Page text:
Cloud DX’s Justin Pedro: Startup CTOs must build passionate teams


As part of a regular series powered by Microsoft, BetaKit interviews prominent Canadian CTOs speaking earnestly on the biggest challenges they face in their role, as well as future technology predictions in their space.

Justin Pedro has worked in many organizations, supporting the earliest stages of startup tech to leading companies through their growth. He’s in the latter role now with Cloud DX, a wearables startup that leverages cloud connections to help make medical decisions quickly.

Quick decisions and courage under fire

“The CTO of an early stage startup has to be a generalist,” Pedro said. “They have to fill the gaps that are big enough to be issues but not yet big enough to be full-time roles. For me right now, that’s product design and building product architecture.”

Cloud DX is just under 30 employees, with almost 20 of them being on the technical side, so Pedro’s got a lot on his plate.

“As the company grows, you can dedicate more time to running the tech operation instead of multitasking, which is where we are now.”

It’s no longer an option to let a company’s recruitment story sit only with the CEO or HR.

That being said, Pedro firmly believes the CTO role has evolved to be more multi-functional than ever before. It’s not enough to build technical competencies into your own product, you have to “deal with multiple saddles” and build up your general knowledge in a variety of cutting-edge technologies.

“CTOs now need to have a much broader knowledge base in order to amalgamate different technologies, but this is for creating new opportunity and product,” Pedro said. “You can never accomplish meaningful technological changes overnight. It’s going to be a long road, so communication is paramount.”

Data security first, but trust your team

When it comes to a multi-disciplinary approach – especially when the information could save someone’s life – data security becomes a massive issue for CTOs.

So massive, in fact, that Pedro believes every CTO should be focused on data security when they are building out their products.

Pay attention to the arsenal that hackers have at their disposal.

“Pay attention to the arsenal that hackers and other digital attackers have at their disposal. What was secure last year may not be secure this year. All CTOs have to keep on top of this and understand what’s likely to become insecure in the future.”

Given that Cloud DX operates in a security-focused environment, handling data that needs to be ready at all times, the reality is that “always on” is a way of life. However, Pedro does his best to trust the team he’s hired and ensure that people can relax and have a life.

“I am always connected to organizational communications, and my phone has become part of my personal life,” Pedro said. “It’s simply necessary. However, I also recognize the need for vacation, relaxing, and enjoying other areas of life, so I focused on building up a great team that can back me up when I am not available (and I can back them up, too).”

Recently, due to Cloud DX’s growth, Pedro has been able to step away from some daily coding aspects, meaning fewer emergencies make their way to him because they are caught by the team earlier on.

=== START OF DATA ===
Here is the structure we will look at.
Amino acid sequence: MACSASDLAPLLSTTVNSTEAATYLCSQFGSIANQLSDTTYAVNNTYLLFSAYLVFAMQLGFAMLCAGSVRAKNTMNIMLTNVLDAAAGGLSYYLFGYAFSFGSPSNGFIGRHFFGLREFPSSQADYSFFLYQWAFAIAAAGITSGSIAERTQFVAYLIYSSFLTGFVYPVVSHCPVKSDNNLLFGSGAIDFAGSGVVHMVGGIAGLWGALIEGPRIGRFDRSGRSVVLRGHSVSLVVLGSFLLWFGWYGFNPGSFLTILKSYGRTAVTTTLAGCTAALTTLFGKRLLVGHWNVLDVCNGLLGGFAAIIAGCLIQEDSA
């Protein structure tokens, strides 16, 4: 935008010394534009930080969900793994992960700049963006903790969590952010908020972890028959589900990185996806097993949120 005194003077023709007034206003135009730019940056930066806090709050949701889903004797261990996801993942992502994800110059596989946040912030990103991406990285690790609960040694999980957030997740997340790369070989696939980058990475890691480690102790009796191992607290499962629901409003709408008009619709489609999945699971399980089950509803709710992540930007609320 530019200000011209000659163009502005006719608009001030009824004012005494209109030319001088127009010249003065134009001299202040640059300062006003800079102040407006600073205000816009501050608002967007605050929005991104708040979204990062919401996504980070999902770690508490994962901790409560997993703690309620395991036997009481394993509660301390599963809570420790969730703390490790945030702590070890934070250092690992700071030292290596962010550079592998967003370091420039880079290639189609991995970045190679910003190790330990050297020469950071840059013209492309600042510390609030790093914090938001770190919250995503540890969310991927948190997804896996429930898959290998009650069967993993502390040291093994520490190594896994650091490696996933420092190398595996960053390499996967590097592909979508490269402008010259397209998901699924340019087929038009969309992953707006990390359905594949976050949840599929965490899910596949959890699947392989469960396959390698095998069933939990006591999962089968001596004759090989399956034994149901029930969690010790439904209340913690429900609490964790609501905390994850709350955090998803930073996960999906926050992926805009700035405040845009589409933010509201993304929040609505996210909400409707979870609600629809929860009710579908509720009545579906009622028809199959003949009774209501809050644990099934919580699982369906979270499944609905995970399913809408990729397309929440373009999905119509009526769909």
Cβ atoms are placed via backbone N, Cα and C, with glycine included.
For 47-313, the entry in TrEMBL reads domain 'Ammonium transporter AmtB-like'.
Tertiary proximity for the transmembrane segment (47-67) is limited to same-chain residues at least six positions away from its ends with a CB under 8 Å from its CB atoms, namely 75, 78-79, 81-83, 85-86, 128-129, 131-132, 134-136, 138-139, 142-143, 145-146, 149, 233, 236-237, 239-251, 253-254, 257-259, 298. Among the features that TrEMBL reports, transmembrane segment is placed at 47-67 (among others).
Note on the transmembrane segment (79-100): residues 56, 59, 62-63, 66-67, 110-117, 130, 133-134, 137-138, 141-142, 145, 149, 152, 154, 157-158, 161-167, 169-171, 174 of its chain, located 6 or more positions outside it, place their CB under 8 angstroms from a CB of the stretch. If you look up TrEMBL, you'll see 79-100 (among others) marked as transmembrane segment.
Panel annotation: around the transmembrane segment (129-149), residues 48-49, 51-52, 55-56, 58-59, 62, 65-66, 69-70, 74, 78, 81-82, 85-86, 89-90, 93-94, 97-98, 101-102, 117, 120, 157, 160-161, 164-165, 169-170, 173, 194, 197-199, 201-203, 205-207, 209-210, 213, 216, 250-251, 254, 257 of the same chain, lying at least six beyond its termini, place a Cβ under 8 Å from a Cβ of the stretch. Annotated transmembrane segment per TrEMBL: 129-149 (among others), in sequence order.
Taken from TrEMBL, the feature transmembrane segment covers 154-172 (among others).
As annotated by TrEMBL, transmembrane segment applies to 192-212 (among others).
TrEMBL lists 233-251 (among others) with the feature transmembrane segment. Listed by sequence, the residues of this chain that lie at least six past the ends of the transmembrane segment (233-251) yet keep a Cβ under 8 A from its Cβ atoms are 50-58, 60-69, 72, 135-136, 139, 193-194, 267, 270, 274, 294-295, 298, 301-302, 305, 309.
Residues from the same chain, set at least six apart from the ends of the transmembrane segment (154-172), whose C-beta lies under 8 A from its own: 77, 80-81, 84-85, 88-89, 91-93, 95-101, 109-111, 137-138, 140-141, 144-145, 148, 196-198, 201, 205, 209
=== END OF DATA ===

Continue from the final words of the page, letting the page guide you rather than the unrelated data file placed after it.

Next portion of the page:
“Now that the team has grown, my energy is focused on helping everyone become more efficient rather than trying to be a star individual contributor.”

Passion wins (but is hard to find)

Building that amazing team — one that will let him step away and know the show will go on — is the biggest challenge Pedro faces in his role today.

Despite being a technical-minded CTO, Pedro explained that “the quality of the people I surround myself with will be the biggest factor in my success.”

Finding team members who meet the elusive trifecta of passion about Cloud DX’s mission, possession of the technical chops needed to succeed, and being a Cloud DX culture fit has proven difficult, though not impossible.

Passion is the ultimate trait for Pedro in hiring, and he gives the same advice to anyone from a larger firm looking to become a CTO at a startup.

“My energy is focused on helping everyone become more efficient rather than trying to be a star individual contributor.”

“[Before you join a startup], make sure you are 100 percent passionate and dedicated to the goal of the organization you’d be leading,” he said.

Once someone knows they are passionate, Pedro cautions that they will also have to be willing to roll their sleeves up and pitch in with every little task that may be needed.

“You don’t have the sophisticated systems that you’d find at a larger firm, and there’s little infrastructure to back you. Take that passion but then be willing to work.”

This means that the team has to be high quality; a CTO cannot ‘dilute technical ability,’ as Pedro says.

In the war for passionate, talented people, a CTO has to wear an extra hat of talent-brand ambassador for the technical side of the business. It’s no longer an option to let a company’s recruitment story sit only with the CEO or HR.

“We have an HR function, but we’re also keeping busy going to meetups, reaching out to recruiters occasionally, and striking up conversations with as many people as possible – you never know who knows someone that might be a great fit,” he explained.

Stefan Palios

Stefan Palios

Stefan is a Nova Scotia-based entrepreneur and writer passionate about the people behind tech. He's interviewed over 200 entrepreneurs on topics like management, scaling, diversity and inclusion, and sharing their personal stories. Follow him on Twitter @stefanpalios.

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